Report: DOD spends $150 million on private housing, security

U.S. warns of "imminent" Afghanistan terror attack
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    U.S. warns of "imminent" Afghanistan terror attack


U.S. warns of "imminent" Afghanistan terror attack 01:10

Story highlights

  • Watchdog report says Defense Department spent $150 million on private security and housing for U.S. employees
  • The same task force spent $43 million on a compressed natural gas filling station

Washington (CNN)A letter published by the Office of the Special Inspector General for Afghanistan Reconstruction says the same task force that spent nearly $43 million on building a gas filling station in Afghanistan also spent more than $150 million on private security and housing for U.S. government employees.

The Task Force for Business and Stability Operations, which was created by the Department of Defense and directed toward reviving Afghanistan's economy in 2009, was disbanded in March.
The letter, addressed to Secretary of Defense Ash Carter, details the services provided by private contractors in Afghanistan to TFBSO employees and guests, including privately owned villas, 24-hour security and food services. The expenses reportedly could have been avoided by placing employees in already existing DOD facilities, where "housing, security, and food service are routinely provided at little or no extra charge to DOD organizations." It also cost American taxpayers tens of millions of dollars.
    Contracts reviewed by SIGAR showed that private contractor Triple Canopy received more than $57 million from TFBSO for "armed support," which included "queen size beds in certain rooms, a flat screen TV in each room that was 27 inches or larger, a DVD player in each room, a mini refrigerator in each room, and an 'investor villa' that had 'upgraded furniture' and 'western-style hotel accommodations.'"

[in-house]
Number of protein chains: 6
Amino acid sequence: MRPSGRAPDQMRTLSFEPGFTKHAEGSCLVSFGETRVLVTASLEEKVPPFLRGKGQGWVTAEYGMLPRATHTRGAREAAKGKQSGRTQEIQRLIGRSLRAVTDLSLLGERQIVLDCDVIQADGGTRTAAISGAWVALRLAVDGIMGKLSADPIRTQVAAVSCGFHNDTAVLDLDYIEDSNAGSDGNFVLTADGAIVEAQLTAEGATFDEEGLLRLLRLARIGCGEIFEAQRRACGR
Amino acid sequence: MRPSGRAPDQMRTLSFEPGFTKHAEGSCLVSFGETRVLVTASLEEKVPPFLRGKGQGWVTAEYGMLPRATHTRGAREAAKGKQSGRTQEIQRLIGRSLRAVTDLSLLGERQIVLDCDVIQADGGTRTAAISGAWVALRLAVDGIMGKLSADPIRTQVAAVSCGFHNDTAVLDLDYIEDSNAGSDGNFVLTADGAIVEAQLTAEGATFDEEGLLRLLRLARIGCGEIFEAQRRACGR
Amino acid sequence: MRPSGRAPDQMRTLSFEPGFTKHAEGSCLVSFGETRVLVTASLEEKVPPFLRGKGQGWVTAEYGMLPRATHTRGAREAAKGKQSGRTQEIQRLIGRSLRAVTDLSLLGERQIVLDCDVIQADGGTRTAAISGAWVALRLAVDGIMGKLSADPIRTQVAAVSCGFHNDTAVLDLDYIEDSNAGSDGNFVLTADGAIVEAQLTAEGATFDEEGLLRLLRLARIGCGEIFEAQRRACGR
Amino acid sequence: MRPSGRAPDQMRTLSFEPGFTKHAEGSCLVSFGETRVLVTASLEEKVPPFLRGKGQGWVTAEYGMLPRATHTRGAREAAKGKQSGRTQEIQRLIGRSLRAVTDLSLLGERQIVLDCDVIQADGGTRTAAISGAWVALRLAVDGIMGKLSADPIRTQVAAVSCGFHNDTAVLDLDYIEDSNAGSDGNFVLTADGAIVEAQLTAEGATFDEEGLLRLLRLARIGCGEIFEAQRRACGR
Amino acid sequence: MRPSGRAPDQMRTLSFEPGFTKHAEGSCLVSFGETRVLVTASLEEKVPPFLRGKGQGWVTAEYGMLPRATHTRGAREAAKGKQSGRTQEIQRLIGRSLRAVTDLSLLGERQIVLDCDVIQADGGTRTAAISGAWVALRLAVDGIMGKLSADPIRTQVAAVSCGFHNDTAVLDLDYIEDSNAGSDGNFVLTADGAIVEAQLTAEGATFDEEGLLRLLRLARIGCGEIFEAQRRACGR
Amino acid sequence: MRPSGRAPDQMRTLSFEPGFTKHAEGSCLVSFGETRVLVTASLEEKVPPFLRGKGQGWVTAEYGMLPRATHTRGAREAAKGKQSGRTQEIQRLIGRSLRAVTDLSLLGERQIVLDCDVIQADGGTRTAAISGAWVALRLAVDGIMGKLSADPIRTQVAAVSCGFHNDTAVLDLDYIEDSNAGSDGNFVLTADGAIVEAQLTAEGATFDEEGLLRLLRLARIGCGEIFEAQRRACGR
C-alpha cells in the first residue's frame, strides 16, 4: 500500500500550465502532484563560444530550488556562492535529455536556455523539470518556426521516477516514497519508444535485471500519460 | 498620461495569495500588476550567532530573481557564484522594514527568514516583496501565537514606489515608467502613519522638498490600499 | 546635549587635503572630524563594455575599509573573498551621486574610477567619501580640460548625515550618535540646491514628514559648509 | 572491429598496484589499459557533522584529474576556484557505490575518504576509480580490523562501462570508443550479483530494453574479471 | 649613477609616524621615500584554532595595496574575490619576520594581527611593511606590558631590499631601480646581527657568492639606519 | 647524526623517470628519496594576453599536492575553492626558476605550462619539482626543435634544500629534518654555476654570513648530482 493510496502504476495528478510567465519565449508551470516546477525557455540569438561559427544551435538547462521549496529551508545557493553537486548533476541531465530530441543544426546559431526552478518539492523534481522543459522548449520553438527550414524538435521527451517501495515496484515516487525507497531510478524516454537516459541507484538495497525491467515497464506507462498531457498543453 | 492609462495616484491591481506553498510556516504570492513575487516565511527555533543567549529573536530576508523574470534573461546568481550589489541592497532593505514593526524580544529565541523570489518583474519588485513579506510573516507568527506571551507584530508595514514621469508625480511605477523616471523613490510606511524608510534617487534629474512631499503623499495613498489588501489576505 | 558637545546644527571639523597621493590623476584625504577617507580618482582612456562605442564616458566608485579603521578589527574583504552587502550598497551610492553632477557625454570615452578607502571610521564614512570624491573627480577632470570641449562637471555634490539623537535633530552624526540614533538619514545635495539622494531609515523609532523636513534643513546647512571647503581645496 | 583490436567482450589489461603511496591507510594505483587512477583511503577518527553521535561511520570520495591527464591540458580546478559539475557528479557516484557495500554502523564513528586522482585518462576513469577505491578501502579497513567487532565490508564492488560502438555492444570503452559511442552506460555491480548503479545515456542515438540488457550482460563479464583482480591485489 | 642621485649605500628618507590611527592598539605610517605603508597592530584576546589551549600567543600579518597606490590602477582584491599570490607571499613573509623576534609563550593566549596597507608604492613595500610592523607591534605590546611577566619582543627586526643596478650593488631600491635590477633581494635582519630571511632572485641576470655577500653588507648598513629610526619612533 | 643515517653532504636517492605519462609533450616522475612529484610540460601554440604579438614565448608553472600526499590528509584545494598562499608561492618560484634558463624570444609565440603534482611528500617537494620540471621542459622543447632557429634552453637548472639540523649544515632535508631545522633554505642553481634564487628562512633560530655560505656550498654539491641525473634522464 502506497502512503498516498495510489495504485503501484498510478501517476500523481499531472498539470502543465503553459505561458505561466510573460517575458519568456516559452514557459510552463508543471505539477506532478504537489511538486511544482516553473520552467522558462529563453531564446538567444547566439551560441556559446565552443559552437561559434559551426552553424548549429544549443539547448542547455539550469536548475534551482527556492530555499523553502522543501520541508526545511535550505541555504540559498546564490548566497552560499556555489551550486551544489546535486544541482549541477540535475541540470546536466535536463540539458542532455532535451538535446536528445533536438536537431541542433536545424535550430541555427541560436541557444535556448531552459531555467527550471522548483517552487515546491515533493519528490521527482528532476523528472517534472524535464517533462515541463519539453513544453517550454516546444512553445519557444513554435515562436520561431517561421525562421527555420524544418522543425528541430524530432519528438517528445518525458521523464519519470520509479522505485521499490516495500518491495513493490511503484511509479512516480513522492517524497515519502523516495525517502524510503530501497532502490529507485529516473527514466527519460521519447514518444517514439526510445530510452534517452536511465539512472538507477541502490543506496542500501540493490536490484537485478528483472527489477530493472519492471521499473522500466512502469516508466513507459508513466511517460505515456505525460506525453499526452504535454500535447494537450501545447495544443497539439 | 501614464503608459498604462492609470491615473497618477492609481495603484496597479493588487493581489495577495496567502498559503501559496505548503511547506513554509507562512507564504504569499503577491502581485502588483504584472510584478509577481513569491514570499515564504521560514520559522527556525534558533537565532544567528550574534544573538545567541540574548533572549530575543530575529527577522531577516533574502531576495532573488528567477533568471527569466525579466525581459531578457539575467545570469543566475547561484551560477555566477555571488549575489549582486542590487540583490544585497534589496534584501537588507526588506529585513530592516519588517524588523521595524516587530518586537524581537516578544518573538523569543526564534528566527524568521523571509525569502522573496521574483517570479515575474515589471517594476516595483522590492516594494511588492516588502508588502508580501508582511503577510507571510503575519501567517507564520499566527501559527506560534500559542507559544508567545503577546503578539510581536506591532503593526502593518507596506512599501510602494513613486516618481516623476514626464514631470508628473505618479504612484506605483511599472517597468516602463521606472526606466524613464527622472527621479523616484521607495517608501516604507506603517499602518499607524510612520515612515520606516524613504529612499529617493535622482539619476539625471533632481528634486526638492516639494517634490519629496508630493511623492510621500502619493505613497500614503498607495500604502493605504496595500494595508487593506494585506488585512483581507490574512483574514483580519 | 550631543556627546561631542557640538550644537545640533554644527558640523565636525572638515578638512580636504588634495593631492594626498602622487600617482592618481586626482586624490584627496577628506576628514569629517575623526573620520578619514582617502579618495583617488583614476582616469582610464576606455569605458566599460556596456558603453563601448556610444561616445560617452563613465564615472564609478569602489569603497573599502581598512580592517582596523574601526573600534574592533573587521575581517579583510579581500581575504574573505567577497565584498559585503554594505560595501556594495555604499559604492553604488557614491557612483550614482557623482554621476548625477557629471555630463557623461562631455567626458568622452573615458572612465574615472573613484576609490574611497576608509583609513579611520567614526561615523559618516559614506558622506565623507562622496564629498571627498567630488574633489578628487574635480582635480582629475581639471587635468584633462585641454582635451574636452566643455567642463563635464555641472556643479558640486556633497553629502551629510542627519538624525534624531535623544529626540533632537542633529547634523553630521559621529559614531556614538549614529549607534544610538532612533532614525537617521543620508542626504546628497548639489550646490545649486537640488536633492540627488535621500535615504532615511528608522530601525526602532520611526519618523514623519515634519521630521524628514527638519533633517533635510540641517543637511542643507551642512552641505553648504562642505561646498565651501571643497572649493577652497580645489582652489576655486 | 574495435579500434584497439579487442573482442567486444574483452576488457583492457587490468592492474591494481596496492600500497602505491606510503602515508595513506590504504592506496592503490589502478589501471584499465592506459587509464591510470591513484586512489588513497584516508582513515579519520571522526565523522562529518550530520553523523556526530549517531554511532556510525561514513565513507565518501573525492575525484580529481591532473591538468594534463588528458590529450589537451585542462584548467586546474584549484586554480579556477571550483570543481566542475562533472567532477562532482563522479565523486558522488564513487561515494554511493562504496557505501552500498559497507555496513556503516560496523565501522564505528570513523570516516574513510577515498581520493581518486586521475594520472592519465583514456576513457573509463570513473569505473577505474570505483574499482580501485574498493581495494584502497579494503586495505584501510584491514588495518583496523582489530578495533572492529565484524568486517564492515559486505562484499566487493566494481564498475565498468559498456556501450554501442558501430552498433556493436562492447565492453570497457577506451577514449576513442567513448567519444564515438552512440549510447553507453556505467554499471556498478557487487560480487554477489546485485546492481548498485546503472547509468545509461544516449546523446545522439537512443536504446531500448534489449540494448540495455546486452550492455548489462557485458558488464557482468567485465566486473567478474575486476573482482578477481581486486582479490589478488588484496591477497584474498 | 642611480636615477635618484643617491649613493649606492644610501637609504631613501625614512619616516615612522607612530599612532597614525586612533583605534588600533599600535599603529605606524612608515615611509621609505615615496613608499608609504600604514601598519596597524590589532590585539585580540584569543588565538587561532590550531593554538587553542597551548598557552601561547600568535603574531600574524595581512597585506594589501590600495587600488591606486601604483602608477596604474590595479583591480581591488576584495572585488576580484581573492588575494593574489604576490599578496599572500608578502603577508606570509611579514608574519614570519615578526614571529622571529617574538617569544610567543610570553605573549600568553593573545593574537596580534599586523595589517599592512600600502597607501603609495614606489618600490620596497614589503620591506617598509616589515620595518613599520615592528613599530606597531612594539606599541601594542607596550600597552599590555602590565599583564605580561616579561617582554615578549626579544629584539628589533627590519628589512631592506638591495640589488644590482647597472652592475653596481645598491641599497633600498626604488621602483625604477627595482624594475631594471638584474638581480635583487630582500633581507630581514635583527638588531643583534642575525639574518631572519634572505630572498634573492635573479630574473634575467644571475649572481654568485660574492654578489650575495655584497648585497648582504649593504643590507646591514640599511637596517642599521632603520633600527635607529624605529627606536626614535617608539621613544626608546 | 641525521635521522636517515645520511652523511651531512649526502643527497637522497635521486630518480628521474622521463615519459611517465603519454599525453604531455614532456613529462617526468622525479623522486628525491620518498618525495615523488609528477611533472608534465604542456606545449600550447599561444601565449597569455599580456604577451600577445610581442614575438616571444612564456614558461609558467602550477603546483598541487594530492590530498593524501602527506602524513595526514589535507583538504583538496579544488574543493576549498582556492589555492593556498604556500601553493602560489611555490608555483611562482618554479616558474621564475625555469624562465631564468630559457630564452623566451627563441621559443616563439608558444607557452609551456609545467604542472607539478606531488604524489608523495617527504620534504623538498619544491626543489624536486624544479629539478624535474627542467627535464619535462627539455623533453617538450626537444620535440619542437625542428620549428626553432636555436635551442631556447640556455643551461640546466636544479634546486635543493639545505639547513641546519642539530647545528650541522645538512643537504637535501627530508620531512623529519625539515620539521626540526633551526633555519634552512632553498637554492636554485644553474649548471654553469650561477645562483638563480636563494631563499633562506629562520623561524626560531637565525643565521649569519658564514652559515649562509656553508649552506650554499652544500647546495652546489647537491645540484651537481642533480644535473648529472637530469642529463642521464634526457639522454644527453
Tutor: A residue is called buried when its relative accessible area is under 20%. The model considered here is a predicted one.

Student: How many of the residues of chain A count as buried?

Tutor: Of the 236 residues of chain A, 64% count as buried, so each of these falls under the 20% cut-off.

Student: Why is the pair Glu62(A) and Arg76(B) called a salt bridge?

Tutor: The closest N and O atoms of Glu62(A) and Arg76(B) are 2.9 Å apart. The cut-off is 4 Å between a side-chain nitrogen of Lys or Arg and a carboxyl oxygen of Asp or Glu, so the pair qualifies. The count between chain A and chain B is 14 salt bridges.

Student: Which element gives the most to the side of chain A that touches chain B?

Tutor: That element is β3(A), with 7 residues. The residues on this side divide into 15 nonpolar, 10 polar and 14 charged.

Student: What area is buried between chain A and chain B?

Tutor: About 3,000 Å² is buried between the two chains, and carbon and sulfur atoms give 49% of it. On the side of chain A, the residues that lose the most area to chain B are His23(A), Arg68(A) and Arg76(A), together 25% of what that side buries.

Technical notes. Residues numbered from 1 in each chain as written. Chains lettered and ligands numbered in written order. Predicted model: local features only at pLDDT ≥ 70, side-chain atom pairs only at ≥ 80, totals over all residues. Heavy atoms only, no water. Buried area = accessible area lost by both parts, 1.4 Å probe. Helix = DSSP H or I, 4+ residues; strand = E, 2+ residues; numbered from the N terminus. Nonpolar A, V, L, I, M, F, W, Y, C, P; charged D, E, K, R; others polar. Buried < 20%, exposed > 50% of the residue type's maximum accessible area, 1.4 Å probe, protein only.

TFBSO allegations have been an ongoing problem for SIGAR. An audit conducted in April of America's $488 million investment to develop Afghanistan's mining, oil and gas industries found that the almost $300 million invested by TFBSO lacks sustainability. In addition, a United States Agency for International Development official said it would take "a hundred years to build the necessary infrastructure and fulfill training requirements to completely develop Afghanistan's extractive industries."
    "We've had more allegations about TFBSO than any other program or project in Afghanistan," Special Inspector General for Afghanistan Reconstruction John Sopko said. "In order to protect the American taxpayers' dollars, DOD must fully cooperate with SIGAR's oversight work, and government officials who waste taxpayer funds must be held accountable."